A Story Like the Wind
Written by Gill Lewis
Illustrated by Jo Weaver
Eerdmans, 2018, 80 pp
A Story Like the Wind is the account of a small group of seemingly unconnected people trapped together on a small boat in the wide expanse of an unknown sea, following them through one night of their journey together. Rami, a proud boy with a silk scarf around his neck, seems to have nothing to share with the rest of the passengers but ends up bringing the cluster of people huddled in the boat closer together through his music and the story of a wild and free horse.
At the beginning of the book, the other members of this small group introduce themselves emphasizing their Muslim names as if wanting to be remembered in case something were to happen to them, which seems inevitable under the circumstances. The group has fled in desperation. Some bringing food and clothes on the journey. Others bring just one thing: Muhammad a dog and Rami beloved fiddle. Each member tries to share with the others, but Rami refuses each item as he thinks he has nothing to give back. As the dark night wears on, Nor, a young mother with two children, asks Rami to play his fiddle to take their minds off the choppy sea, and, as he plays, the music tells stories. Each segment of that story prompts members of the group to recall and tell parts of their own stories.
Rami’s fiddle tells the story of a young Mongolian shepherd, Suke, who nurses back to health an abandoned foal in the frigid mountains filled with snow. The white foal grows up to be a proud, headstrong and exceptional stallion in all its magnificence, strength, and uninhibited soul. Later in the story he is pitted against the ‘dark’ lord and a ‘black’ horse. Suke and the ‘white’ horse win the race that ends up killing the ‘black’ stallion when his heart gives out. In revenge, the dark lord takes the white horse, raises the taxes of the people, and banishes Suke’s family to the mountains. His intent is to break the spirit of the white horse, but to no avail. The white stallion follows his instinct and escapes when the dark lord thinks he has subjugated the horse just as he has subjugated the people. As the stallion runs, he is showered with arrows, many of which pierce his skin. The stallion finds Suke, dying in his arms. Suke later dreams of the stallion asking him to create musical instruments from his bones. The music from these instruments rides on the wind and tortures the dark lord who digs a hole and buries himself to get away from the sound of the lyrics proclaiming freedom. Rami’s melodic story is a tale of oppression, flight and freedom, and reminds the travelers that liberty cannot be taken from them because it exists all around them.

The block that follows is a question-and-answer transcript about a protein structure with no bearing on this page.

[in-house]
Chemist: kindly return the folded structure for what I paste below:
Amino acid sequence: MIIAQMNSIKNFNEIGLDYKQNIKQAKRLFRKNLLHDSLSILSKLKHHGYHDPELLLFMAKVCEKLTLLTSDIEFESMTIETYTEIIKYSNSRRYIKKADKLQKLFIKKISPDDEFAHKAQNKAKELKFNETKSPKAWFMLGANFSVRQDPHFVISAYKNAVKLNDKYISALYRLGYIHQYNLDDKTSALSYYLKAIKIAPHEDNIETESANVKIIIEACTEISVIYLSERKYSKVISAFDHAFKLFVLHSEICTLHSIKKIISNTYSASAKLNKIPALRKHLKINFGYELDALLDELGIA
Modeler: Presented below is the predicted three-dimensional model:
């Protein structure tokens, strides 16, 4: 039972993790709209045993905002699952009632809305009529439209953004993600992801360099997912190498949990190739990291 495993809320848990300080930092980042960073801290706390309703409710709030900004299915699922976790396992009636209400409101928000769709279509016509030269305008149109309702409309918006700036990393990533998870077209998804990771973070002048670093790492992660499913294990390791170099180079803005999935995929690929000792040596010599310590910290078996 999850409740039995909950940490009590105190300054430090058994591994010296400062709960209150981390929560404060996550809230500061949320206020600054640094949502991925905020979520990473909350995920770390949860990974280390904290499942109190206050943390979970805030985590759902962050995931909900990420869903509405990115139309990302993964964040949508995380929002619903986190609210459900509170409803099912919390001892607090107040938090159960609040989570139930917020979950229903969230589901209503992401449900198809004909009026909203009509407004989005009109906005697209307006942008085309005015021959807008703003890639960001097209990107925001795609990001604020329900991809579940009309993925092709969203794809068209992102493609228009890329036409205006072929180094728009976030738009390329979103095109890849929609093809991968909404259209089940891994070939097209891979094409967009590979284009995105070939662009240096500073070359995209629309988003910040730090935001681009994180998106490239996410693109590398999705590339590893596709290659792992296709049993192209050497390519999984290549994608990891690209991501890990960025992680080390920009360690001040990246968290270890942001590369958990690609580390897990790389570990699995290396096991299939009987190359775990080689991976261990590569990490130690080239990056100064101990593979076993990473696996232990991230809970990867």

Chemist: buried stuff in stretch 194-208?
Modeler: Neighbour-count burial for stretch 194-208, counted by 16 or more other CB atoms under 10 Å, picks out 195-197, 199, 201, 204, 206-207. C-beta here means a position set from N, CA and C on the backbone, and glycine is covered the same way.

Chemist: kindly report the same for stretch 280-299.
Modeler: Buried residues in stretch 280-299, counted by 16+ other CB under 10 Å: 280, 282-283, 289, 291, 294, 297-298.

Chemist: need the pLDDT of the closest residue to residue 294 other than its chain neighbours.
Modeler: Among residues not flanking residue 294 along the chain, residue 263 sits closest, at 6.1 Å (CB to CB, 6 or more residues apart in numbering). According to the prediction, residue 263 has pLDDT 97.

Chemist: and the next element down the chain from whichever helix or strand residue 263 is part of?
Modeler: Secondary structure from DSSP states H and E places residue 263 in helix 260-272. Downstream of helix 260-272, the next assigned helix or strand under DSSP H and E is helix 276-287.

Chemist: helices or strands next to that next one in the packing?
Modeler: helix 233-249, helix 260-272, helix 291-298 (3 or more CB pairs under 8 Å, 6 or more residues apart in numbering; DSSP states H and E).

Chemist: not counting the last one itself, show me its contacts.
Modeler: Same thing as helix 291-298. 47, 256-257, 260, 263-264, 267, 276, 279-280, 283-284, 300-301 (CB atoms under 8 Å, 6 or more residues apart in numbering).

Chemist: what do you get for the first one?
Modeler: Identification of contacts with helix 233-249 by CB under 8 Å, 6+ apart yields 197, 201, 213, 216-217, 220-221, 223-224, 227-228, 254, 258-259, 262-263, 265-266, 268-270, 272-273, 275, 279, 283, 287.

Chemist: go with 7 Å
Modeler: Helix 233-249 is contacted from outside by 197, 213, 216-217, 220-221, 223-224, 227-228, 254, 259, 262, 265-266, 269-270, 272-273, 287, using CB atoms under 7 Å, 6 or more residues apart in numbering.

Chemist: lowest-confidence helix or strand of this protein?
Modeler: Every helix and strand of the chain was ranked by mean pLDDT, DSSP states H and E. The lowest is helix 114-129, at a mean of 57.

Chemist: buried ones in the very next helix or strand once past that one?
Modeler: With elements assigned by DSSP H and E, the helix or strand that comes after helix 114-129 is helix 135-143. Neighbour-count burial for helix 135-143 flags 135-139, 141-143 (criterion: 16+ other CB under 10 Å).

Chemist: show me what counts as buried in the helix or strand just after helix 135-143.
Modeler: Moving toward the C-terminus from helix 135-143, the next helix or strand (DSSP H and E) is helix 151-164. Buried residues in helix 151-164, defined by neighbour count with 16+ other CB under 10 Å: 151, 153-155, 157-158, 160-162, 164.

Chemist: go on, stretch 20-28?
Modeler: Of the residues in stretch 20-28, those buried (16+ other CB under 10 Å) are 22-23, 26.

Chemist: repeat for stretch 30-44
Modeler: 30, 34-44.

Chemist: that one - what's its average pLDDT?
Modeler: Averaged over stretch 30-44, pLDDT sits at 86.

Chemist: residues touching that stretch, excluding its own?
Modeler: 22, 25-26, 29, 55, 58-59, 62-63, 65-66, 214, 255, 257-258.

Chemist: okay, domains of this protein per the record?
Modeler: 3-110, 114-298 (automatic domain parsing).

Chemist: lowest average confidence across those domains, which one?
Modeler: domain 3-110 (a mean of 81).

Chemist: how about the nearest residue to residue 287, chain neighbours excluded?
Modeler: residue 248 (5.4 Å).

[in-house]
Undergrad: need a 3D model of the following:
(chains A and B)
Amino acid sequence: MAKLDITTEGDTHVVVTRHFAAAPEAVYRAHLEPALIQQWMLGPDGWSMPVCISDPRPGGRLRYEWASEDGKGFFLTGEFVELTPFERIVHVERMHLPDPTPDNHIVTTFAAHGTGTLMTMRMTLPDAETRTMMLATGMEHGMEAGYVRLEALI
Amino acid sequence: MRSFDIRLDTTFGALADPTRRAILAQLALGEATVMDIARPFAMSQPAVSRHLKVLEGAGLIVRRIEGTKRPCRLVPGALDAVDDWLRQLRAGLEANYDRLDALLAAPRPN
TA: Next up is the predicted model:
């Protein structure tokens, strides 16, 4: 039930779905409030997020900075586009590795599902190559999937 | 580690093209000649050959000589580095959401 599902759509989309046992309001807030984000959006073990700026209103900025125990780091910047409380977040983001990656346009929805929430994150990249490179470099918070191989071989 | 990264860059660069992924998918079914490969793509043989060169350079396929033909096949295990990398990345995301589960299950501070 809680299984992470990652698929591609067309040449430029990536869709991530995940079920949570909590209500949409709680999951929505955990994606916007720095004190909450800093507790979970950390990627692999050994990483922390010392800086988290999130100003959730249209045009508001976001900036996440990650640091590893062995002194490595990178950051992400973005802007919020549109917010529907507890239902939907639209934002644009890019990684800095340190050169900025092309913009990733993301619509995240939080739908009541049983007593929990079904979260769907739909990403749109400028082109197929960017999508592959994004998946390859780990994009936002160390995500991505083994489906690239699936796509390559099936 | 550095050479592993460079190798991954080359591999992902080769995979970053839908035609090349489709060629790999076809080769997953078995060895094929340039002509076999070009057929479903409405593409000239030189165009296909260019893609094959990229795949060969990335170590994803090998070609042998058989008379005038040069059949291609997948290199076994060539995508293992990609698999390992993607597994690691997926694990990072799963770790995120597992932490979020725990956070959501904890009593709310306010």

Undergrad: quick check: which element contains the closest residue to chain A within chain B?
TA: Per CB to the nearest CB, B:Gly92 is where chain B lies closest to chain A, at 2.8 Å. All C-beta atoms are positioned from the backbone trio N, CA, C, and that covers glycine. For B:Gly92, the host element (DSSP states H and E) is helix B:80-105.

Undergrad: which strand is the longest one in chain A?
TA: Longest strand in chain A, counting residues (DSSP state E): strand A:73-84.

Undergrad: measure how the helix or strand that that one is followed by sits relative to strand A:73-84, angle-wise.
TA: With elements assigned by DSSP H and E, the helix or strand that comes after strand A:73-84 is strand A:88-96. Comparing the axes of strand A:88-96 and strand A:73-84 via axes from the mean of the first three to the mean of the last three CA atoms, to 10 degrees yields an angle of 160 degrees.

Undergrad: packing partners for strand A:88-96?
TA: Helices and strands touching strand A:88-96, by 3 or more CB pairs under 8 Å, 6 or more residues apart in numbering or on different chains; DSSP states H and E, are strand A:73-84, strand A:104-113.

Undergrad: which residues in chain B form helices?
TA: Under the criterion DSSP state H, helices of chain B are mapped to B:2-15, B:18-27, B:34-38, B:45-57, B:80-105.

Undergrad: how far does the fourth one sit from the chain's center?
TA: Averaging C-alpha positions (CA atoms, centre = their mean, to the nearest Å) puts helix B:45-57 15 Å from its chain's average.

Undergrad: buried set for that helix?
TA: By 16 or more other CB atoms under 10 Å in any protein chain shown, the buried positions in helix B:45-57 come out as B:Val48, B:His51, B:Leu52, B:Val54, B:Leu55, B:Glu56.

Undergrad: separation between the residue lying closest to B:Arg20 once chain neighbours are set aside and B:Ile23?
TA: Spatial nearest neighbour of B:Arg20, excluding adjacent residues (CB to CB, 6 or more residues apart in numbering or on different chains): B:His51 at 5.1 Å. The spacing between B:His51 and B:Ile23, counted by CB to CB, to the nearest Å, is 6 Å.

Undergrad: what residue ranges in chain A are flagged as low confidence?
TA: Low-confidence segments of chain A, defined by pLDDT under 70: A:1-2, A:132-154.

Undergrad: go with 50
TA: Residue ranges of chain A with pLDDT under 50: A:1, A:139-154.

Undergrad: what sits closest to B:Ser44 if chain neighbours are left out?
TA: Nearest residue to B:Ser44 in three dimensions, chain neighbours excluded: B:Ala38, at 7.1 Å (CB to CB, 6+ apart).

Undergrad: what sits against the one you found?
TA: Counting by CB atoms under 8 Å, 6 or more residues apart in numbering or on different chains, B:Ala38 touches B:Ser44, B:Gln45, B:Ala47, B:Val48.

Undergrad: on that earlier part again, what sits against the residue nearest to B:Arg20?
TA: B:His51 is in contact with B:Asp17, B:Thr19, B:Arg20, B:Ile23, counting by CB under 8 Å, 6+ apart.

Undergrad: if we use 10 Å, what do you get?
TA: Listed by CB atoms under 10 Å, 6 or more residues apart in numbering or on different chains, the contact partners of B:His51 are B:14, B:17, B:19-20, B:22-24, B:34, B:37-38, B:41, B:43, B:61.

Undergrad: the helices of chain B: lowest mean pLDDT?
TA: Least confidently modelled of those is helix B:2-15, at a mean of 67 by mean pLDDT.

This remarkable book invites readers into this story of freedom starting with the cover. Dark and ominous seas surround a small boat in the bottom third of the illustration. An image of a horse’s vapor-like body is rising as if freed from the bounds of the vessel. The title of the book is bound within the horse’s neck, along with myriad notes of music. The cover sets the stage for the story as all the necessary components are visually accessible and help the reader know what to expect.